As this is an area where conventional treatments don't have a particularly good success rate, I had hoped that our results - even as preliminary research - would be good enough for BEVA to want to learn more. It was therefore very disappointing to be told that the abstract had been peer-reviewed but not accepted. Although I asked for feedback, no reasons were given as to why they were not interested or how I could improve the data to make it more useful to them.
I would have fully expected a healthy level of scepticism, even incredulity and was certainly up for tough questions but, as always, I was hoping to generate enough interest for someone to undertake further research and maybe even - the holy grail - obtain funding for follow-up MRIs on horses who have undergone rehab.
Its all the more frustrating given that a significant proportion of the vets I talk to ARE interested. They want to offer better alternatives to horses and owners than a "guarded prognosis", prolonged box rest, "inevitable" degeneration or euthanasia and - like me - they would love more information as to exactly what is happening when these horse's feet change so fast during rehab.
I'll keep on plugging away gathering data for the research, of course, and meanwhile if any of you have bright ideas for galvanising interest, then please email me!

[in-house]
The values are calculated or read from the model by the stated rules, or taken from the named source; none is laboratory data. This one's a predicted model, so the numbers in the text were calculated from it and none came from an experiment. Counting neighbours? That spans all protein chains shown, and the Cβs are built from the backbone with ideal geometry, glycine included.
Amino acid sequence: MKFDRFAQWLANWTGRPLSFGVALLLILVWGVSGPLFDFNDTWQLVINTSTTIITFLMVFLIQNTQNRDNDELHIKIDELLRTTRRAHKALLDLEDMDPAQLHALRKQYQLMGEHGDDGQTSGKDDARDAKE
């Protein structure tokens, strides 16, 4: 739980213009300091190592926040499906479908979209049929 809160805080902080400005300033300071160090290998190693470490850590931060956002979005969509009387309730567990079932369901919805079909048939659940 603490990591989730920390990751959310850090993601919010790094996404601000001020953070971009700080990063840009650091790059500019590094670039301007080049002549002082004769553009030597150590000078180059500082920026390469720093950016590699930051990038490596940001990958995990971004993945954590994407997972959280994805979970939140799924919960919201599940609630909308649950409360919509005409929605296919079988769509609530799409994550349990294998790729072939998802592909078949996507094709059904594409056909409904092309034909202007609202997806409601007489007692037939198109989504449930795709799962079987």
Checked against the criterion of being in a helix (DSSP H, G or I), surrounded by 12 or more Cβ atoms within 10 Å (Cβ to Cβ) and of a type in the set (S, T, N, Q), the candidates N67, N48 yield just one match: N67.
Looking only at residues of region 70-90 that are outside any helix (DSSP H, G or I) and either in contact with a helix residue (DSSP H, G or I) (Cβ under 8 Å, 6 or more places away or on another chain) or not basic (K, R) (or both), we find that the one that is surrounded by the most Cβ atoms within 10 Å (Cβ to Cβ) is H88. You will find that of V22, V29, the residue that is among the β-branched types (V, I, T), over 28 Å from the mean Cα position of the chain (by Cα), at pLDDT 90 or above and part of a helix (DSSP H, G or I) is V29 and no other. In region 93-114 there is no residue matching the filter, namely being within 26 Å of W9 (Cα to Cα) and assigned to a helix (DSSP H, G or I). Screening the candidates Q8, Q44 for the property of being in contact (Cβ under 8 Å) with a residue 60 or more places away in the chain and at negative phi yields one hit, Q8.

There are a couple of other avenues I am still exploring so I am trying not to be disheartened. My favourite quote, from David Wootton's "Bad Medicine", always cheers me up at times like this and is so good that I make no apologies for including it here on the blog for the umpteenth time:
"Think for a moment what surgery was like before the invention of anaesthesia in 1842... Imagine taking pride above all in the speed with which you wield the knife - speed was essential, for the shock of an operation could itself be a major factor in bringing about the patient's death.
Now think about this: in 1795 a doctor discovered that inhaling nitrous oxide killed pain..yet no surgeon experimented with this. The use of anaesthetics was pioneered not by surgeons but by humble dentists. One of the first practitioners of painless dentistry, Horace Wells, was driven to suicide by the hostility of the medical profession.